Discerning readers may notice that nearly all of the shows on this list are pretty recent, airing within the past decade or so. This is because I avoided cartoons until a few years ago. Growing up in Ecuador, I watched only the few shows my family had on tape. I mostly rejected cartoons in middle and high school, dismissing them as “too childish,” and only rediscovered them as an adult. (The irony has not escaped me.) Most of the cartoons I’ve watched are recent ones, which is why this list lacks any really old classics.

Let’s take a look, ladies and gentlemen, as TMTF presents…

The TMTF List of Top Ten Cartoons You Should Watch!

10. The Powerpuff Girls

The Powerpuff Girls

When an absent-minded scientist blends “suger, spice, and everything nice” to create perfect little girls, he spills an untested chemical into the mixture and produces the Powerpuff Girls: a trio of young superheroines who protect the innocent, defend their city from all evil, and attend kindergarten every weekday.

The show pokes fun at superheroes, monster movies, campy science fiction, and pop culture in general. Its playful tone and subversive humor are a blast. The Powerpuff Girls is full of charming little touches, from its hilariously incompetent mayor to the fact its greatest villain is a chimpanzee with an exaggerated Japanese accent.

9. Teenage Mutant Ninja Turtles

Teenage Mutant Ninja Turtles

Beneath New York City, in some dark, forgotten sewer tunnel, dwell four fearless fighters. They emerge at night to patrol the streets and protect the innocent. So what if these heroes happen to be turtles?

Nickelodeon’s recent take on the Turtles is refreshingly lighthearted and self-aware. It mixes the whiz-bang style of comic books with the stylish action of old kung fu films, holding it all together with some really good writing. The show never takes itself or its story very seriously… but then its protagonists are nerdy mutant turtles, so that may not be such a bad thing.

8. Scooby-Doo! Mystery Incorporated

Scooby-Doo! Mystery Incorporated

In Crystal Cove, a touristy town that proclaims itself the “Most Hauntedest Place on Earth,” four teenagers and their dog solve mysteries. These kids, who call themselves Mystery Incorporated, debunk the town’s “supernatural” phenomena as the tricks of frauds and criminals… much to the chagrin of Crystal Cove’s mayor, who wants the town to keep its spooky reputation. When Mystery Inc. is contacted by someone called Mr. E, they find themselves caught up in a bigger mystery than they can imagine.

I saw one or two older Scooby-Doo cartoons as a kid, and they were kind of terrible. Scooby-Doo! Mystery Incorporated astonished me with its excellence. It has character development, a story arc that stretches across the entire series, and an entire episode spoofing the works of H.P. Lovecraft. Best of all, Fred Jones—who was a bland stereotype in every version of Scooby-Doo up to this point—is reimagined as someone cheerful, well-meaning, slightly neurotic, and endearingly inept. I honestly don’t think Scooby-Doo will ever manage to be any better than this show.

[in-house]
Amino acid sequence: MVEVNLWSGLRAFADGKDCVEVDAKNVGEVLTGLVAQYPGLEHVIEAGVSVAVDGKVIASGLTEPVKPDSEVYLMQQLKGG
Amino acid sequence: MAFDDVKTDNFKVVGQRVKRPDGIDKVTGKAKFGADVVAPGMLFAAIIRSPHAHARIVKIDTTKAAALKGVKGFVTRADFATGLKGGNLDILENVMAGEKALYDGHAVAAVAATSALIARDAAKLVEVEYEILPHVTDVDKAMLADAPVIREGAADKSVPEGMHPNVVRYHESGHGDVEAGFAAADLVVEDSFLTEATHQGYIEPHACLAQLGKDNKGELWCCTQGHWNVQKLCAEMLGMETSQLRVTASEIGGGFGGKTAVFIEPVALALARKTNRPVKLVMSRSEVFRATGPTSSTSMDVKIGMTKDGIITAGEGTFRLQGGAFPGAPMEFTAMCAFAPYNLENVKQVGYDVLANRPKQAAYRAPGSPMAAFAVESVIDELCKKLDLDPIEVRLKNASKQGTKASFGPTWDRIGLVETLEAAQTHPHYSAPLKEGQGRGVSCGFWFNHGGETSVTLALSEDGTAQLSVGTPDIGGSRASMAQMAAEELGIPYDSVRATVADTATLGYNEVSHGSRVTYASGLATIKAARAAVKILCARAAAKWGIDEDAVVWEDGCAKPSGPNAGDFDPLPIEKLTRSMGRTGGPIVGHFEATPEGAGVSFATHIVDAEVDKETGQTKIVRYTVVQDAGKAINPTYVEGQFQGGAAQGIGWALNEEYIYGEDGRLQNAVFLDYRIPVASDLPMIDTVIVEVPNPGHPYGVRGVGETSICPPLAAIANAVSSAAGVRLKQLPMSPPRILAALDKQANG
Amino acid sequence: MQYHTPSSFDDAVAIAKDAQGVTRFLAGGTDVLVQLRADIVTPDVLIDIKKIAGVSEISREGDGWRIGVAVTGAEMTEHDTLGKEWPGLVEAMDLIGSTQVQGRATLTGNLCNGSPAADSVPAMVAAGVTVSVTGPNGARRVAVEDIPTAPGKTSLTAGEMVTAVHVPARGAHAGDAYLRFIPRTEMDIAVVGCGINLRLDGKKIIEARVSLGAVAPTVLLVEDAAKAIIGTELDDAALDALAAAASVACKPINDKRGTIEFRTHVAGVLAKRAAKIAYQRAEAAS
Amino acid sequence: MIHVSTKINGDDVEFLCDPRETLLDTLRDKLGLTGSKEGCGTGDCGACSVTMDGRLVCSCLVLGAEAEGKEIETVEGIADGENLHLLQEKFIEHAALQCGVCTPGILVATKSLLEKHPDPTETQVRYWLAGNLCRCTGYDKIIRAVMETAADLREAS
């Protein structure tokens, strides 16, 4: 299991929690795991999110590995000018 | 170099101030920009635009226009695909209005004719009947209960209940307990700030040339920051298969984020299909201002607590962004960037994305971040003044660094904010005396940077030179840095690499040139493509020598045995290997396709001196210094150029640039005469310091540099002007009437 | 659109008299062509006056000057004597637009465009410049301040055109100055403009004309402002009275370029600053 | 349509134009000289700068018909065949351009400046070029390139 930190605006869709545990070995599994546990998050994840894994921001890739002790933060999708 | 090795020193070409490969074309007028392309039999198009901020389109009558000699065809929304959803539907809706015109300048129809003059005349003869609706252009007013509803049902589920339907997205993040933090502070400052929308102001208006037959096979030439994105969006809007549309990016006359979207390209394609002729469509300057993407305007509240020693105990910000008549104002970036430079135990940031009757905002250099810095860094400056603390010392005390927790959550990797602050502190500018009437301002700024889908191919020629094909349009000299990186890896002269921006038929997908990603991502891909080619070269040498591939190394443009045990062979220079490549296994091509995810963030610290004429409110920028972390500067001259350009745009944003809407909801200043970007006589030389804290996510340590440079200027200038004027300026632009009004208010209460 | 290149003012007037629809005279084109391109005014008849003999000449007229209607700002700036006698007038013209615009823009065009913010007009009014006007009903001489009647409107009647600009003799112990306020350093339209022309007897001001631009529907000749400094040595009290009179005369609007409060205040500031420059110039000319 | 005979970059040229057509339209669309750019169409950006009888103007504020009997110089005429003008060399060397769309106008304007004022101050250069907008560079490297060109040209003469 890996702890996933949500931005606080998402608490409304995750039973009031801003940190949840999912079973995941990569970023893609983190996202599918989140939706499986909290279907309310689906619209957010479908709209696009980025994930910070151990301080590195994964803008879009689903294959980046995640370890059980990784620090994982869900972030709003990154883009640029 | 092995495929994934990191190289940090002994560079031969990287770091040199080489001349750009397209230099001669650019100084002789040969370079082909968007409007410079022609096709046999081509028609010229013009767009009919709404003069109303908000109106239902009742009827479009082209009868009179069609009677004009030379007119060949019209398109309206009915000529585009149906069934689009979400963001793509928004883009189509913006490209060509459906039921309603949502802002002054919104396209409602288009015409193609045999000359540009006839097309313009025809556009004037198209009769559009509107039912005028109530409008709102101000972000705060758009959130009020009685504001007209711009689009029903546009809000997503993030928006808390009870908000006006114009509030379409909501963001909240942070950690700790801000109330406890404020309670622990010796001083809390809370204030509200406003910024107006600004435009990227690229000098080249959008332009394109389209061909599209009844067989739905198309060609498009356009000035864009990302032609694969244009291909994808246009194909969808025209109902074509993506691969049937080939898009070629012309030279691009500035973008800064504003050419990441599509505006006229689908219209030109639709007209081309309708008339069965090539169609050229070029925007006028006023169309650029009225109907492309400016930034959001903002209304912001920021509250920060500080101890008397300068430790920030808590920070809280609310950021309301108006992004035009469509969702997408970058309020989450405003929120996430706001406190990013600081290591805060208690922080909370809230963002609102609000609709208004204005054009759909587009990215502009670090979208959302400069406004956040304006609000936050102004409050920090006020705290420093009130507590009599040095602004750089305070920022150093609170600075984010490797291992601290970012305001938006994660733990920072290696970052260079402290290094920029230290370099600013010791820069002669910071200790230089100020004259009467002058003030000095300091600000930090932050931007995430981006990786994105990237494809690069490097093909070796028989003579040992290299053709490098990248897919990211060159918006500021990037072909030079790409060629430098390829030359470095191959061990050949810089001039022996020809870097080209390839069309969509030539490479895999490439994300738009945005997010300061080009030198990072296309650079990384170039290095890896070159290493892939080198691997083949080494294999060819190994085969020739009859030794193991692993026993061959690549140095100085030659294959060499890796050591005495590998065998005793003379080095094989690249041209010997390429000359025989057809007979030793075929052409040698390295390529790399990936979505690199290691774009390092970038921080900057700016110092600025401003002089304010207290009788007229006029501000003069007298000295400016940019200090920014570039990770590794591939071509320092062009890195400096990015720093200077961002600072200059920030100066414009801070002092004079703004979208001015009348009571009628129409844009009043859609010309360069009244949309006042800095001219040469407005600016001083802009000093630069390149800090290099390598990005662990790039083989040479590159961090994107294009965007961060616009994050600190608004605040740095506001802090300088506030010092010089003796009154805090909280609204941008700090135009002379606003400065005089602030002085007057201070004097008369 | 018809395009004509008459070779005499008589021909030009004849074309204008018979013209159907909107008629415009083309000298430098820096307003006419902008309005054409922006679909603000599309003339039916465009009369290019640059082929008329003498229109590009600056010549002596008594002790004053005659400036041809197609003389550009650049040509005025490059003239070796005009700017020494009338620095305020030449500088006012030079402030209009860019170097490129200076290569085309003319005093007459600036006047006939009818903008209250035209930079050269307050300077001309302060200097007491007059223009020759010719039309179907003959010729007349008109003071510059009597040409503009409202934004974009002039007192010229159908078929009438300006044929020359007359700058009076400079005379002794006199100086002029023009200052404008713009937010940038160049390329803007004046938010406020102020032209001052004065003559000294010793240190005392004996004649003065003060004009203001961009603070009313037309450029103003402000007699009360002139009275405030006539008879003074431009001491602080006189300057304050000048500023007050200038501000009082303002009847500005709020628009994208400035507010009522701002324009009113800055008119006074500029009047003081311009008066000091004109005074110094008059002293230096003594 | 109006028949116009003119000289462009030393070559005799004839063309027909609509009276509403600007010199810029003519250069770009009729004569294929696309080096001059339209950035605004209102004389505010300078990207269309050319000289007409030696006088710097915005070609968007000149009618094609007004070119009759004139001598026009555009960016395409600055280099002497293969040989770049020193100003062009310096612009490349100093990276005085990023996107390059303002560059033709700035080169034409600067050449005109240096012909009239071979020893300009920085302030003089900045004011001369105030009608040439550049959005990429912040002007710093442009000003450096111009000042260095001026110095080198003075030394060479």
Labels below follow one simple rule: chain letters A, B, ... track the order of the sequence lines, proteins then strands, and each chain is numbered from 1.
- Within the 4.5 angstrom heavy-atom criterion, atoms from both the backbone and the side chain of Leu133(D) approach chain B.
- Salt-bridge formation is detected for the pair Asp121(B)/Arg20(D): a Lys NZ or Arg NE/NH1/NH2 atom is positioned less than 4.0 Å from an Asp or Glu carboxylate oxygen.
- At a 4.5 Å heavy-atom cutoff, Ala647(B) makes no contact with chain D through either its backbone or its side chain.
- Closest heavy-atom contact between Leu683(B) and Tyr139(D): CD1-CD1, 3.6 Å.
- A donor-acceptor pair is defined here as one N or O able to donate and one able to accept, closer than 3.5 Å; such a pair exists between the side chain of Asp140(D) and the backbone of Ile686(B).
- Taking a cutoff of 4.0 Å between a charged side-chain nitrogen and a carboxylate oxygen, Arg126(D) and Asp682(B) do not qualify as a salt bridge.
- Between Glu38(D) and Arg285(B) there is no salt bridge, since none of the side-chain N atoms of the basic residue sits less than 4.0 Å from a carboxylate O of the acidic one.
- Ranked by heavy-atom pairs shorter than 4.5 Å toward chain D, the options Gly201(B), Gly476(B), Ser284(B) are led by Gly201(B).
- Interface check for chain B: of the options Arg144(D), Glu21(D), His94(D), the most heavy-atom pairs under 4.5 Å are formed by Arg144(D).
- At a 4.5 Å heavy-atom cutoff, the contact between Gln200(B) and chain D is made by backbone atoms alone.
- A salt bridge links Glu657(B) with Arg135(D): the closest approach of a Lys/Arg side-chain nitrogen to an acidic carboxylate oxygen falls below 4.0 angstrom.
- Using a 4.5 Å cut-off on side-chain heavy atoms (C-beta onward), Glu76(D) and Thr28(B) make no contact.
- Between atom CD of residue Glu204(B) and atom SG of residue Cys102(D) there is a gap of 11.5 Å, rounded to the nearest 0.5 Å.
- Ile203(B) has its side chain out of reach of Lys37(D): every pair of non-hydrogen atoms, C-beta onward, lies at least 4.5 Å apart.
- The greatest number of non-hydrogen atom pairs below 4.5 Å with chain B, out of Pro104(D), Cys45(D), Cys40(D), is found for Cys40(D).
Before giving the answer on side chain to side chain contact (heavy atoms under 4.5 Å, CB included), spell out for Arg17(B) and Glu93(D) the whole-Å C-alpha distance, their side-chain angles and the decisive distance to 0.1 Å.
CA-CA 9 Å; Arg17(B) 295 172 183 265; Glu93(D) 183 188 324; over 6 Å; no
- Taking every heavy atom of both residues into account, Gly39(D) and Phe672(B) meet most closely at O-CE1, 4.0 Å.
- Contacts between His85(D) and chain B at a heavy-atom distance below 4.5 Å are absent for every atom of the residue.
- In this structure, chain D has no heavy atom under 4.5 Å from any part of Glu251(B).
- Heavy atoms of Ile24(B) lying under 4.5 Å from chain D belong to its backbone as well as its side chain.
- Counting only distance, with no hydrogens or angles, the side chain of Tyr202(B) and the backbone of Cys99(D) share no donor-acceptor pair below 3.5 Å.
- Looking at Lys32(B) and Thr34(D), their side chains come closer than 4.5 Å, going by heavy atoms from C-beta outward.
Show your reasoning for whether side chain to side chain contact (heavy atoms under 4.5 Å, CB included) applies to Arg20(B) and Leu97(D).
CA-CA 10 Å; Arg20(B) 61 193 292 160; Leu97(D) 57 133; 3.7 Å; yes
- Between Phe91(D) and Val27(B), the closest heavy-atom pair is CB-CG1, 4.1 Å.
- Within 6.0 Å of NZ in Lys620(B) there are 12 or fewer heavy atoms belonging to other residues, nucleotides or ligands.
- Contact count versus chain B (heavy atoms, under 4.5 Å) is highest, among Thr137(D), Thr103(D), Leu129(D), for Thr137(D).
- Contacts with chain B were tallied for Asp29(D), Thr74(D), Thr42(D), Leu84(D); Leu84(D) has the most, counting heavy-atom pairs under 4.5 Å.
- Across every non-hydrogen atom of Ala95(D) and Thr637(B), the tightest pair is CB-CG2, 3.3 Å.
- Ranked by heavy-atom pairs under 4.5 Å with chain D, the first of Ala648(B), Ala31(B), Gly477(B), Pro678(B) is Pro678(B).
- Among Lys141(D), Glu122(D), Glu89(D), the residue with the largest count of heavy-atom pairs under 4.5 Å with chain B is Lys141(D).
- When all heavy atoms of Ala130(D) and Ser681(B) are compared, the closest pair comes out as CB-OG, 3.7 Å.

7. The Legend of Korra

The Legend of Korra

In a world divided among four nations, a messianic figure called the Avatar arises in each new generation to maintain peace and balance. Each nation represents a classical element—water, earth, fire, or air—and certain people can control or “bend” one of these elements. The Avatar is the only person who can bend all four. This time around, the Avatar is a short-tempered young woman named Korra. She must master her abilities and navigate the political complexities of her world to keep things from falling part.

I’m bending the rules with this one. (Pun intended. I’m so, so sorry.) The Legend of Korra is neither Western animation nor anime, but something in between. Its characters are nuanced and compelling. The action scenes are wonderful, and the animation is some of the best on television. Best of all, the world of The Legend of Korra is a magical mix of Asian culture, steampunk technology, and beautiful scenery. Korra would be much higher on this list, but it never quite achieves its full potential, and an even better show steals its lofty place… but more on that later!

6. Samurai Jack

Samurai Jack

When a young samurai from feudal Japan is flung by a demon into a post-apocalyptic future, he sets off on a surreal journey to return to his own time. The samurai’s travels take him from futuristic cities to lonely jungles, and he meets everything from aliens to crazy Scotsmen. Wherever he goes, the legend spreads of a brave, kind, noble warrior: the samurai known only as “Jack.”

This show is probably the most artsy on this list, and also the most cartoony. It brings together the zany humor of The Powerpuff Girls with elegant action scenes and measured pacing. Samurai Jack uses dialogue sparingly; sometimes whole minutes go by without anyone speaking. The visuals tell the story. The show is strange, stylish, and thoroughly enjoyable.

5. My Little Pony: Friendship Is Magic

My Little Pony - Friendship Is Magic

In a fairy-tale world populated by candy-colored ponies, a bookish unicorn named Twilight is sent to a small town to “make some friends.” After settling in and meeting the town’s eccentric residents, Twilight begins to understand the importance of friendship. She and her friends live, learn, and occasionally save the world together.